This is a positive -- and fully expected -- sign for Wentz's future. After roaring out to a 3-0 start with a 5:0 TD-to-INT ratio and 103.8 passer rating in September, the draft's No. 2 overall pick was one of the league's least effective passers over the final three months of the season.
With his offensive line in flux and his running game vanishing for stretches, Wentz fell into bad habits, flashing a long-armed looping windup in which the ball often dropped to his waist level.
"Strictly mechanics," coach Doug Pederson said of Wentz's struggles in early December. "... Young quarterback, missed quite a bit of time in the preseason, but now we have to keep cleaning this thing up."
It's important that Wentz is diligent about his throwing motion, learning from Blake Bortles' precipitous 2016 decline.
Dedeaux and House point to Bortles, though, as the quarterback who improved the most -- from a clueless 2014 rookie to the 2015 breakout quarterback who shattered several franchise records.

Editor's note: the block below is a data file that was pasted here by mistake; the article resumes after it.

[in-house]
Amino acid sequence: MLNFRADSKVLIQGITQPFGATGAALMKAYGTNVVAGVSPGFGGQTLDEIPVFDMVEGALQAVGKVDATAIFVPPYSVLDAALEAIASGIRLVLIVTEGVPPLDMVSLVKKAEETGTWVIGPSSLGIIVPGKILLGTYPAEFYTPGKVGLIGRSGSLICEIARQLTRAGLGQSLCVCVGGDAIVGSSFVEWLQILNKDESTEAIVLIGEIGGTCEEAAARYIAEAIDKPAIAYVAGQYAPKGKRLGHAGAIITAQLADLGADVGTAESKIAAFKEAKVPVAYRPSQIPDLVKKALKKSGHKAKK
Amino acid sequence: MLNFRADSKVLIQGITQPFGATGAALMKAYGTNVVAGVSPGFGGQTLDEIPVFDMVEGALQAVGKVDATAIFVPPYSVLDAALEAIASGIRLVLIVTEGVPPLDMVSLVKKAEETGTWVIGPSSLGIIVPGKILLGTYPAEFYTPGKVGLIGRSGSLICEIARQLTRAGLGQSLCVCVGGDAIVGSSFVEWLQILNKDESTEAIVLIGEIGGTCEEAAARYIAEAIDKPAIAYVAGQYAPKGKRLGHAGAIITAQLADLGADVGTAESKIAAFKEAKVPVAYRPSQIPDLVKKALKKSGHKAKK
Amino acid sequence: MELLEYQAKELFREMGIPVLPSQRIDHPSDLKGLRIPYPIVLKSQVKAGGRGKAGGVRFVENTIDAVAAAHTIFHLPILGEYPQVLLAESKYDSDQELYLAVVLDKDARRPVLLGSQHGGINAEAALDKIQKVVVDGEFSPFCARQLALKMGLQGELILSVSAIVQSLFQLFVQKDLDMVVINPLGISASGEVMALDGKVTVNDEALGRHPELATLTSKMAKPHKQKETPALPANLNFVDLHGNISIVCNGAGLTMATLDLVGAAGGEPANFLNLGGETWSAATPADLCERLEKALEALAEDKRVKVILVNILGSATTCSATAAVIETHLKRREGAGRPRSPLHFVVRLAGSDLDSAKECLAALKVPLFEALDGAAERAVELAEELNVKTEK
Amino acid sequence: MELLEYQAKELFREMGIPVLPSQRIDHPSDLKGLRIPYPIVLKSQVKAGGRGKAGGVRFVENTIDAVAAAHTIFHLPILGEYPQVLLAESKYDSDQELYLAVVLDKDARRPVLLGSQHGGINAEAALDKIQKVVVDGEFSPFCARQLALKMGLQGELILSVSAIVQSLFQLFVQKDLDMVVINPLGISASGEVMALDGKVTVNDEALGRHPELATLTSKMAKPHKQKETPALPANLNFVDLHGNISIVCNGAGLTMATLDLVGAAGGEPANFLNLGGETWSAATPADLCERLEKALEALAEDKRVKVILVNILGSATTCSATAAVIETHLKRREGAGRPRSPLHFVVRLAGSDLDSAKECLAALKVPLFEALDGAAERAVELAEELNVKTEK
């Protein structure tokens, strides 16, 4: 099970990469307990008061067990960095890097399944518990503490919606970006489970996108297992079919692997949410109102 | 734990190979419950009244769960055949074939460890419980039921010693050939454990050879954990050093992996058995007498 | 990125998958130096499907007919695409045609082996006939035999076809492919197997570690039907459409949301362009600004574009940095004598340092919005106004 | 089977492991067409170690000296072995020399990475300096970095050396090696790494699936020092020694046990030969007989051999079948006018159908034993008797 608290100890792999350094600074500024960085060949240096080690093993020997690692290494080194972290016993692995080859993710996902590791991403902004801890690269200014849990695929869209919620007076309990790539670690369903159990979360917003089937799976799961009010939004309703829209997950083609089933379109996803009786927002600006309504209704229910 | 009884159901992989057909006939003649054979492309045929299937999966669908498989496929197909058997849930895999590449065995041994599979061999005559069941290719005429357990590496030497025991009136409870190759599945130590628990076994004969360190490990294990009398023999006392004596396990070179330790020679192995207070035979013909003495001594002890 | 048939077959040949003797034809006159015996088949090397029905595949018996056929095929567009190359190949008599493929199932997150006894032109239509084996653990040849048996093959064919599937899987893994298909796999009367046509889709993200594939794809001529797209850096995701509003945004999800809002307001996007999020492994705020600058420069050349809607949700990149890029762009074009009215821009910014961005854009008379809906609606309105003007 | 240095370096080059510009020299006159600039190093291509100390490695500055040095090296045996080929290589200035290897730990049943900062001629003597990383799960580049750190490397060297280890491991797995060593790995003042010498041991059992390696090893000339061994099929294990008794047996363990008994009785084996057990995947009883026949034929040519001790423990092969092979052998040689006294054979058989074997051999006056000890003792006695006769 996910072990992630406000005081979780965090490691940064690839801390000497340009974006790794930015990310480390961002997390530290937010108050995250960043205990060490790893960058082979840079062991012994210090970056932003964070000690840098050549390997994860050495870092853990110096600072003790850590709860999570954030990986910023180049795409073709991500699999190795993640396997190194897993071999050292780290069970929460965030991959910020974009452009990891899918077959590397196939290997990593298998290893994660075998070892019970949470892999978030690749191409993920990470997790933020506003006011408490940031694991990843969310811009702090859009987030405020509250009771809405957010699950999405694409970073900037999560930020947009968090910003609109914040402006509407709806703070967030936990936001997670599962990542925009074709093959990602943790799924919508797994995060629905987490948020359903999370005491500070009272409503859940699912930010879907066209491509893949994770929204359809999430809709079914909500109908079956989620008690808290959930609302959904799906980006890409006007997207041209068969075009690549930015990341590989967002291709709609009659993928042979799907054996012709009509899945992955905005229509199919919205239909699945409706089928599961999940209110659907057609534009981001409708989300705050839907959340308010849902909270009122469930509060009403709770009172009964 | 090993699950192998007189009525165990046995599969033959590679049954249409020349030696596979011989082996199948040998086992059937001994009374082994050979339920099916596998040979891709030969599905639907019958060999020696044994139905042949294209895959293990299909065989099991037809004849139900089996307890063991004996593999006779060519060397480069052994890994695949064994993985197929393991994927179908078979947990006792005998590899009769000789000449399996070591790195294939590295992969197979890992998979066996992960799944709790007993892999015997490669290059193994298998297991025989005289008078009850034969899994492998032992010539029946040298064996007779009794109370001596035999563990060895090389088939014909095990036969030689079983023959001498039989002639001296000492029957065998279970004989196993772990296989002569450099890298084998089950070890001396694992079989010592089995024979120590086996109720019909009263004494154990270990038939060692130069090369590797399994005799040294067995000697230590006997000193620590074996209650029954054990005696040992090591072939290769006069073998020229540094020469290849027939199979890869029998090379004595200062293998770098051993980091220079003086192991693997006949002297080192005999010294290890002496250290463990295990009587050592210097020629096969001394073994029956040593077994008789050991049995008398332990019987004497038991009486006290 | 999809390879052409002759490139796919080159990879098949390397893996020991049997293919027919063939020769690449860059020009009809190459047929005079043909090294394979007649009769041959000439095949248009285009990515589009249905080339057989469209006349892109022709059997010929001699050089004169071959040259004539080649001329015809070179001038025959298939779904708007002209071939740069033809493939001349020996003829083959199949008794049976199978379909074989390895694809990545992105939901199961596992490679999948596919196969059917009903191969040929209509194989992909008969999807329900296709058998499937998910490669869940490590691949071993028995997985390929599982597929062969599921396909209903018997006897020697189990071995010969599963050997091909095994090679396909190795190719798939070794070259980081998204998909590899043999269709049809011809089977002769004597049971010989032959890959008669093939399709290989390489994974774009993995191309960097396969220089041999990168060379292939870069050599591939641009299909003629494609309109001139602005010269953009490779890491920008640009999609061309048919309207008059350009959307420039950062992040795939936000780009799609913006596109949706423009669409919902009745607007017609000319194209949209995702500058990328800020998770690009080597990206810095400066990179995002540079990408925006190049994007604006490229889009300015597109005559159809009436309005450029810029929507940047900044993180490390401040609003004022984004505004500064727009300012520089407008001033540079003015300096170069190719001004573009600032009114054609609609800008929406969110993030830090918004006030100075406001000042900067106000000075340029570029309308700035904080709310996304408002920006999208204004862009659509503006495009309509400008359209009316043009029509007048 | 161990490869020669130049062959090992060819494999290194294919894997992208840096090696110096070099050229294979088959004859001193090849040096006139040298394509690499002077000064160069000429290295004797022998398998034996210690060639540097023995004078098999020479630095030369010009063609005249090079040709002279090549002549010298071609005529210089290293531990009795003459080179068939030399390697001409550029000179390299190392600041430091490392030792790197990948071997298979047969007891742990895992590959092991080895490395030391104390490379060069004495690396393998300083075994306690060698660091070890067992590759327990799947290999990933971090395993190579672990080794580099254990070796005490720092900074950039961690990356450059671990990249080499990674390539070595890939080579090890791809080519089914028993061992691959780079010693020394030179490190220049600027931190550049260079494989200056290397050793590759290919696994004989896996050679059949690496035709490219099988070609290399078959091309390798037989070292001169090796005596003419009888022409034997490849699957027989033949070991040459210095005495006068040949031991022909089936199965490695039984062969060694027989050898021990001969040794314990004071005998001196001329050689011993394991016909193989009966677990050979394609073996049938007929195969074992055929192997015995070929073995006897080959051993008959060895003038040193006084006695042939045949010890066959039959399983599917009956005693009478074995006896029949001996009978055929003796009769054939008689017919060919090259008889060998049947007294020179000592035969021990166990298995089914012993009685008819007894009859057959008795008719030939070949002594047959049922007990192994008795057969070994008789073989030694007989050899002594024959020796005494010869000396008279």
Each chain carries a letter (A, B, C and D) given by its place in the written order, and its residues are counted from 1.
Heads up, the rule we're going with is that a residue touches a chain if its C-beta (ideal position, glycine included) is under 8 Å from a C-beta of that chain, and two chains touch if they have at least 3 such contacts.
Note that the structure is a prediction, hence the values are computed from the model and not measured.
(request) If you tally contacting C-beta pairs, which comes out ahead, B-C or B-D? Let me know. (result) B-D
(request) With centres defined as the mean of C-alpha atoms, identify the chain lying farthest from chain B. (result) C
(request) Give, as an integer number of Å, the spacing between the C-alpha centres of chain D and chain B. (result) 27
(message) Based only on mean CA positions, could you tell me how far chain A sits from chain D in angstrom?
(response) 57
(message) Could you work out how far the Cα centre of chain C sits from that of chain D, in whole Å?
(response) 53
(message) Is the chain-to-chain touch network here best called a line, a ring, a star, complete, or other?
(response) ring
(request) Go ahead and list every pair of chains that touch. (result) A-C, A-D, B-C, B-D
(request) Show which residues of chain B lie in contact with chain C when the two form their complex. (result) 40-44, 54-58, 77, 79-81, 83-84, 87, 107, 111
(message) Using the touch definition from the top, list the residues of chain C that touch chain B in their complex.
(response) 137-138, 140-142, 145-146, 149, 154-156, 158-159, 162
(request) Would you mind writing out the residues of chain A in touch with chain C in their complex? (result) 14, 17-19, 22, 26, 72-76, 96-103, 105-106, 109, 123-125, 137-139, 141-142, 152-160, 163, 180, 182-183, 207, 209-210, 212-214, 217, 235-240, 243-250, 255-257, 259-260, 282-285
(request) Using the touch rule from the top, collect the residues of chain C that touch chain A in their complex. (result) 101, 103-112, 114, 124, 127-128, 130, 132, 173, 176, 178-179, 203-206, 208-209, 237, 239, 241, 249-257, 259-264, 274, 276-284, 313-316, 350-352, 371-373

Dedeaux and House often fly into NFL cities to provide tune-ups during the season. House believes quarterbacks typically lose 1 percent of their mechanical efficiency in every game, per The MMQB's Albert Breer. When they fall into bad habits -- as Bortles and Wentz did last season -- that number rises.
Fixing flawed mechanics is an incremental process heavy on deliberate repetition. That's why the legwork must be accomplished during the long offseason, with occasional upkeep and tinkering to remain fundamentally sound once the season starts.
Wentz has all of the physical tools and mental makeup to succeed in the NFL. Once he irons out his mechanics, he'll begin to emerge as a franchise-caliber quarterback.